contributed by Michelle Smith, UR English 05/04
The caste system in Brave New World is one of the most striking features of the novel for me. One of the reasons for this is that the actual definition for caste is “2. A social class separated from others by distinctions of hereditary rank, profession, or wealth. 4. A specialized level in a colony of social insects, such as ants, in which the members, such as workers or soldiers, carry out a specific function”. It is this last definition that I would like to stress. There are a few important things to note if we choose to utilize this definition for the castes in Brave New World. First, this would mean equating humans with insects. Second, the definition makes it clear that this term applies to social insects or animals. Third, as opposed to the earlier definition, castes are differentiated by the specific function they perform for their society, rather than by rank, profession, or wealth.
My first and third points merely support the argument that it is this definition of caste that should be applied to Brave New World. While it may be unseemly to equate human beings with insects or vermin, one can hardly ignore the fact that Huxley does so repeatedly throughout the novel. For example; “like aphides and ants, the leaf-green Gamma girls, the black Semi-Morons swarmed round the entrances, or stud in queues to take their places in the monorail tram-cars”(BNW 49), “[t]he approaches to the monorail station were black with the ant-like pullulation of lower-caste activity”(BNW 56), “swarming like lice across the mystery of her death”(BNW 190).
As far as being differentiated according to your specific function as opposed to your profession, one's profession in Brave New World is simply a specific function done over and over again, like a part of an assembly line, or a machine. Alphas don't have respect because they are engineers, or poets, but because they are alphas. Again, they don't have respect because being engineers or poets means that they have more money, but it is simply their rank that merits respect. The difference in Brave New World is that people are truly sorted by intelligence into their functions, but again, their intelligence level is purely dependant on how many Alphas, Betas, etc. are needed to fill the Alpha and Beta vacancies in society.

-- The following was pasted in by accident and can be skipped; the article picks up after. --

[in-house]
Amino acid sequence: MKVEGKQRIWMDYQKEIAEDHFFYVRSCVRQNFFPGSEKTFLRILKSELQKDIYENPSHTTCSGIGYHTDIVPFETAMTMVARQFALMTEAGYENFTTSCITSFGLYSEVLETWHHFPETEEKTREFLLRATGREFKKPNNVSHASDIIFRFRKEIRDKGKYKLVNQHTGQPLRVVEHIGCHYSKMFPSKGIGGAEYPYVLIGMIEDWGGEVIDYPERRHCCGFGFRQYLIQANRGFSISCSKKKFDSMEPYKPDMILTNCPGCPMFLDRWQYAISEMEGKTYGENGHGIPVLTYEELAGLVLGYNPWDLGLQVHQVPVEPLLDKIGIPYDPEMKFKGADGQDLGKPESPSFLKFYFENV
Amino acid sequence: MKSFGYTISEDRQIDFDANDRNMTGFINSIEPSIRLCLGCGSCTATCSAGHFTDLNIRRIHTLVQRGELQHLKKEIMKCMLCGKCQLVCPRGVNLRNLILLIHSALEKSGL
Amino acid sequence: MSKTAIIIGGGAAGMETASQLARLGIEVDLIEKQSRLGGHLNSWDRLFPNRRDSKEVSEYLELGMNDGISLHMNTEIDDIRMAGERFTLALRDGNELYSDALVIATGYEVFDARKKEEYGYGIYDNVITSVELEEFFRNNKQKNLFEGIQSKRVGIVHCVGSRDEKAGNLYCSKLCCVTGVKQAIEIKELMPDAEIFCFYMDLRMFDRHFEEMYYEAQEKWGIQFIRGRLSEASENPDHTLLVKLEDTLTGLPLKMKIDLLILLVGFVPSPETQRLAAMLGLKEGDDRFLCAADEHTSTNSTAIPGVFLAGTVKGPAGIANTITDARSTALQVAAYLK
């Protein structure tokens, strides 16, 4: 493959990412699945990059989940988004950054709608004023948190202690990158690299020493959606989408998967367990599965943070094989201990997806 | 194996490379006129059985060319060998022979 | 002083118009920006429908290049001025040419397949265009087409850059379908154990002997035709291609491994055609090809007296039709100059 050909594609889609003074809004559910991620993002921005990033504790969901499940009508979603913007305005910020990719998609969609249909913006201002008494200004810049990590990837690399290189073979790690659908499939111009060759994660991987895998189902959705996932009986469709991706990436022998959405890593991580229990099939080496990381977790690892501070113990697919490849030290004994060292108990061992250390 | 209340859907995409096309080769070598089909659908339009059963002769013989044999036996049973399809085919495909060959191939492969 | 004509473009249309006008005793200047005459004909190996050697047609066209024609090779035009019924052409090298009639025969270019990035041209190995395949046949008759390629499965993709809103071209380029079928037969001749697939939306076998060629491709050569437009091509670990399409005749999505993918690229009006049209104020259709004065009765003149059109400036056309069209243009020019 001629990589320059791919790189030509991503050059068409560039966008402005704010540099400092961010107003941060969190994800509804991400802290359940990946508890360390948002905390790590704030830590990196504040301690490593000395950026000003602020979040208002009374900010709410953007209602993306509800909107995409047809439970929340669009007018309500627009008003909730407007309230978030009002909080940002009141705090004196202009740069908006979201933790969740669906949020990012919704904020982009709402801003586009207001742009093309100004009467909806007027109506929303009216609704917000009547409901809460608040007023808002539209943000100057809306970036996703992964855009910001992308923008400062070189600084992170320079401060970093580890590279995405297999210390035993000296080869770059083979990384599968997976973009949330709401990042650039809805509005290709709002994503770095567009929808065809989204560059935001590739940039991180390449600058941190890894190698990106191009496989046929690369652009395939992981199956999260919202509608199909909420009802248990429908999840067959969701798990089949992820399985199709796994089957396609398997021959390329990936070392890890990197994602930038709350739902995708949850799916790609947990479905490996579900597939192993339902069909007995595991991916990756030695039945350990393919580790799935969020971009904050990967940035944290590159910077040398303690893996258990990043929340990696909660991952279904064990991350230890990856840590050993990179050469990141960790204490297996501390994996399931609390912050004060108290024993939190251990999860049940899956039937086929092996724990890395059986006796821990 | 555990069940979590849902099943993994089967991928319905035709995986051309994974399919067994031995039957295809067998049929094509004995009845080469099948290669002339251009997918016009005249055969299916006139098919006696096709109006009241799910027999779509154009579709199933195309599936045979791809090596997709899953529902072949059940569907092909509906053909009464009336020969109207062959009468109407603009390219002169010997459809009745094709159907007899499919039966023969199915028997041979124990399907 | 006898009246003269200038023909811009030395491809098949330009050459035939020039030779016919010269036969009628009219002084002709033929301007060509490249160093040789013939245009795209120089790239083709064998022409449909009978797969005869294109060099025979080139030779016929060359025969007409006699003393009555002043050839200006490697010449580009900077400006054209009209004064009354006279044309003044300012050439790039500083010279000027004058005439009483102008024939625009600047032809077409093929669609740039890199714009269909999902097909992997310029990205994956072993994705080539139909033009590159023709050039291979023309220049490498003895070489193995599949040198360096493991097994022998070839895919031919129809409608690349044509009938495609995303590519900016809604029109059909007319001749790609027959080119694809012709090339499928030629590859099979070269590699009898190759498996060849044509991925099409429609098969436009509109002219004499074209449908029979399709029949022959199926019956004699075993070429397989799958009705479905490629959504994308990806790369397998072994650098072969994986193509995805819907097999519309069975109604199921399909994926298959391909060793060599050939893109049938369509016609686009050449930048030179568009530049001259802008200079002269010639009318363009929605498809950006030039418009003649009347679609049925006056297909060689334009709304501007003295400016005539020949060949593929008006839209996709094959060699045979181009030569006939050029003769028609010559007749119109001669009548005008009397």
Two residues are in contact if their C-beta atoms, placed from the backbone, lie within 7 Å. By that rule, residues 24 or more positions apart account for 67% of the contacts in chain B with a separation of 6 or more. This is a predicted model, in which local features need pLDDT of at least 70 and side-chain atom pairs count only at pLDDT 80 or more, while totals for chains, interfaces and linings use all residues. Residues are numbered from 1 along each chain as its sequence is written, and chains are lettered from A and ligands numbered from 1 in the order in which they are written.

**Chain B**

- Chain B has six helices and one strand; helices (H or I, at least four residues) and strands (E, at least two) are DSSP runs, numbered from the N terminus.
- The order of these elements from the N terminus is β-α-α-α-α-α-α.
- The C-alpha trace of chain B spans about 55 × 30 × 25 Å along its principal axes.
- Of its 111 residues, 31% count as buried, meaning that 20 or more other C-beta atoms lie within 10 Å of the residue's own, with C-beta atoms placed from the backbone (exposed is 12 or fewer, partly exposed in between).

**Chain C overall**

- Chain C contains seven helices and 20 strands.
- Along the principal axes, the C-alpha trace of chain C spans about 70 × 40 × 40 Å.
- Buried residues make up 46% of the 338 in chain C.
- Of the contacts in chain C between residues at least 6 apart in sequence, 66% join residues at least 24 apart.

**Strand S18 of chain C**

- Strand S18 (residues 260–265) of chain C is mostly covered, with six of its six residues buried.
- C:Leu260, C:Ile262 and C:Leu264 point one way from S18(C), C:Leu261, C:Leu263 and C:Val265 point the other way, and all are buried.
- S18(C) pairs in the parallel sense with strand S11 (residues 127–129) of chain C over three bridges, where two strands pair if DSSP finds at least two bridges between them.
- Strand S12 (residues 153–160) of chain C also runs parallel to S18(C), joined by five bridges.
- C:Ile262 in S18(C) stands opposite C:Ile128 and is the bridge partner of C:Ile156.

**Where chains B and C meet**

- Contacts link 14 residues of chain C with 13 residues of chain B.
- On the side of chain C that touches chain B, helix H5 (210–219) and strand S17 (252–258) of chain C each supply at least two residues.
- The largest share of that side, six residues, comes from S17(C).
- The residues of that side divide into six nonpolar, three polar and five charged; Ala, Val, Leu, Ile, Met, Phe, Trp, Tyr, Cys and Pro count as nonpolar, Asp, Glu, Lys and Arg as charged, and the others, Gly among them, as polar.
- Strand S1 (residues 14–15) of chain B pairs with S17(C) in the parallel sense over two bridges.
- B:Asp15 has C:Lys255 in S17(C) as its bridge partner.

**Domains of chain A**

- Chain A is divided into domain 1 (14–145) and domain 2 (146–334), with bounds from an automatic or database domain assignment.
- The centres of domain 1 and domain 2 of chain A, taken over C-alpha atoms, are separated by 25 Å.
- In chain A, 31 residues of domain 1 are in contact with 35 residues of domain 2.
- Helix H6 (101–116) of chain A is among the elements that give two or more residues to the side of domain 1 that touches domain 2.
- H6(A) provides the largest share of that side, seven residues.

The most interesting part of understanding caste in Brave New World in relation to caste in an ant colony is the part of the definition that tells us that ants are social insects. In an ant colony, only the queen ant reproduces. Other female ants may lay eggs, but these are used for food only. This control over reproduction is quite similar to the situation in Brave New World, where reproduction is completely controlled by the state. The gene pool in an ant colony is limited because the only female genes that are passed on are those of the queen. Similarly, in Brave New World, one sperm and one egg will be tampered with to create as many identical twins with the exact same genes as possible. Ant colonies are huge and require that each ant do what's good for the entire colony. In Brave New World individual relationships are downplayed, but the individual's relationship to society, to the whole, is stressed, most notably through the religious community sings. The colony of the ant functions as a whole, where the individual worker ants are the arms and legs of the body of the colony, and the queen is the head. (Orson Scott Card paints a picture of a truly social colony of aliens that have all the qualities of an ant colony- and even look like insects- in his book Speaker for the Dead). In Brave New World, the citizens of the World State are encouraged to think of themselves as a part of the social body. Bernard explains why he likes to look at the night sky in these terms; “I makes me feel as though… as though I were more me, if you see what I mean. More on my own, not so completely a part of something else. Not just a cell in the social body”(BNW 69).